Scottish sequencing complete
for 100,000 Genomes Project
"Edinburgh Genomics has provided a fantastic service, working seamlessly with the NHS Scotland laboratories to produce high quality whole genome data with no sampling errors."
Professor Zosia Miedzybrodzka, SGP Genomics of Rare Disease Project Lead
and Professor of Medical Genetics at the University of Aberdeen
6th December 2018
Final Scottish sequence data pass Edinburgh Genomics Quality Control
Edinburgh Genomics Clinical Division is delighted to announce today that it has completed all the whole genome sequencing (1000 genomes) for Scottish participation in the 100,000 Genomes Project. This is a major milestone for the Scottish part of the project and will ensure that all data analysis and interpretation for the study can be completed as planned.
The announcement comes one day after Genomics England announced the completion of its own sequencing of 100,000 Genomes since 2013.
Earlier this year Genomics England congratulated the Scottish team for the quality of the data being produced by the Edinburgh facility, with no sample swaps or data entry errors, which they said was a major achievement when entering such complex information, and not accomplished by any other centre in the study. The team is proud of this track record, which is a reflection of the many systems and processes which have been put in place across the entire project (some new, some existing) by the NHS Scotland genetics clinic, laboratories and Edinburgh Genomics to ensure accurate flow of samples from patient to sequencer.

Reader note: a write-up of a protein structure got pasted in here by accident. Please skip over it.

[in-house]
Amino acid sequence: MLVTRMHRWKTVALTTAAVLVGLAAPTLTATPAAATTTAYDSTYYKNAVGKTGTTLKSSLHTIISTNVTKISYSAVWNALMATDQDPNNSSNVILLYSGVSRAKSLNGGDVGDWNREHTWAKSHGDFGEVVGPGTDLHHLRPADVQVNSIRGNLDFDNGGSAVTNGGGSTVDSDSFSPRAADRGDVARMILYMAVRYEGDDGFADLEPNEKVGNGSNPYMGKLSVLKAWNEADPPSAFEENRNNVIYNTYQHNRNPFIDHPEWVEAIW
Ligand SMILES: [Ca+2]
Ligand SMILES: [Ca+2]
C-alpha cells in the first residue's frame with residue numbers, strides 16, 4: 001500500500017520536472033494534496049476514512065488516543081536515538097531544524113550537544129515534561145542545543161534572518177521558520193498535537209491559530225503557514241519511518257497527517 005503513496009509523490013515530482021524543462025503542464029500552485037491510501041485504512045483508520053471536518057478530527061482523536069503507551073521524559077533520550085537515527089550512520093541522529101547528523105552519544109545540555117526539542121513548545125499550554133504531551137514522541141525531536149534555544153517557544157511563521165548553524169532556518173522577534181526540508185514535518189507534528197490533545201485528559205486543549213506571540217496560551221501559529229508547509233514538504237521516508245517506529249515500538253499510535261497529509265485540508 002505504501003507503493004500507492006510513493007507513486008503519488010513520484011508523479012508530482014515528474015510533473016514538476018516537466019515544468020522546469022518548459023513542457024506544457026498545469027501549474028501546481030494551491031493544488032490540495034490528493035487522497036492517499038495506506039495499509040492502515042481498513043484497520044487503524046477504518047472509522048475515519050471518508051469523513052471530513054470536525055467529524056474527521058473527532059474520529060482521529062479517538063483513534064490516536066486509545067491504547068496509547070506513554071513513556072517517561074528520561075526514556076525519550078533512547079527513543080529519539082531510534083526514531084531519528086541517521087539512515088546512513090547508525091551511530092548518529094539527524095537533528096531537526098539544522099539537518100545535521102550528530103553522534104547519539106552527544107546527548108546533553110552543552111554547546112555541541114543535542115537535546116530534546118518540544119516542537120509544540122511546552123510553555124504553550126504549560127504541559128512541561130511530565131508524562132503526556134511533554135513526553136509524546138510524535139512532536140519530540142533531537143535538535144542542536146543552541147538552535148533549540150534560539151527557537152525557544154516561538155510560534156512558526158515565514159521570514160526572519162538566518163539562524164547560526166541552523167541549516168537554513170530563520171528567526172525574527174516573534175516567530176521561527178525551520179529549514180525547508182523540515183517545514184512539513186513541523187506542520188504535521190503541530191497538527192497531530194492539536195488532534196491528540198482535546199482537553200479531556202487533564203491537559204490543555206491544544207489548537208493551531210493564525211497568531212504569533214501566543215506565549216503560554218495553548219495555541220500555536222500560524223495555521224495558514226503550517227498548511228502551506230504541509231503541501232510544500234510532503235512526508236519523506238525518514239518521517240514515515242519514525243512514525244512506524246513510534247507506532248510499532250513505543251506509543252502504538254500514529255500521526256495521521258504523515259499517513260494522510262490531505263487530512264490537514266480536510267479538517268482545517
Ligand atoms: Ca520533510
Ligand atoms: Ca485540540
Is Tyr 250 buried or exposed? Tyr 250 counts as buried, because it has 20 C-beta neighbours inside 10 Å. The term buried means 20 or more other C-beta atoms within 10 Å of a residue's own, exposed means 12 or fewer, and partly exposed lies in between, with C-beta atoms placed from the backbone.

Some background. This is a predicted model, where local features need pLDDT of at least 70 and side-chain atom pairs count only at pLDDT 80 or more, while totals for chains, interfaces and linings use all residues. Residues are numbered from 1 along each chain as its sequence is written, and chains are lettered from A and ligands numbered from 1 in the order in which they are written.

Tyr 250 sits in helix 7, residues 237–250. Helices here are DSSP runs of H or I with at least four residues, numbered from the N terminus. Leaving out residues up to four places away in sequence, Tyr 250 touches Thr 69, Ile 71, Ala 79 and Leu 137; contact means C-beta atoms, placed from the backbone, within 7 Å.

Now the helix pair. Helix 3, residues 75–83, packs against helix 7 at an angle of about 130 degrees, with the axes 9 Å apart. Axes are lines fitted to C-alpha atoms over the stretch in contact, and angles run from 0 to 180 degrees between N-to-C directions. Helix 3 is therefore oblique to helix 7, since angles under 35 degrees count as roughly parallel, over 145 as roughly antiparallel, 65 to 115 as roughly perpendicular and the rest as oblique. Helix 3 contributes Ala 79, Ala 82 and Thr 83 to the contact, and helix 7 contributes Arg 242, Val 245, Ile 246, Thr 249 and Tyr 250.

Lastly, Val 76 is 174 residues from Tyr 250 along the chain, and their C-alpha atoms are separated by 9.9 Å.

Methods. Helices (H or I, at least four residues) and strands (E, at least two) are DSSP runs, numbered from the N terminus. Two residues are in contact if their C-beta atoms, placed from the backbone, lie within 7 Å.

Dr Sandi Deans (Director, UK NEQAS for Molecular Pathology) emphasised the success of the Scottish approach saying, “the view in England is that the Scottish system is a high quality, good approach – well done!”
Whole genome sequence data has been generated by Edinburgh Genomics Clinical Division, led by Dr Javier Santoyo-Lopez
Data analysis and clinical interpretation for the Scottish participants is underway at Genomics England, including comparisons with data from more than 70,000 other participants (so far) from across the UK. The first clinical results have been fed back in Scotland and further pilot analysis is also happening locally through University experts.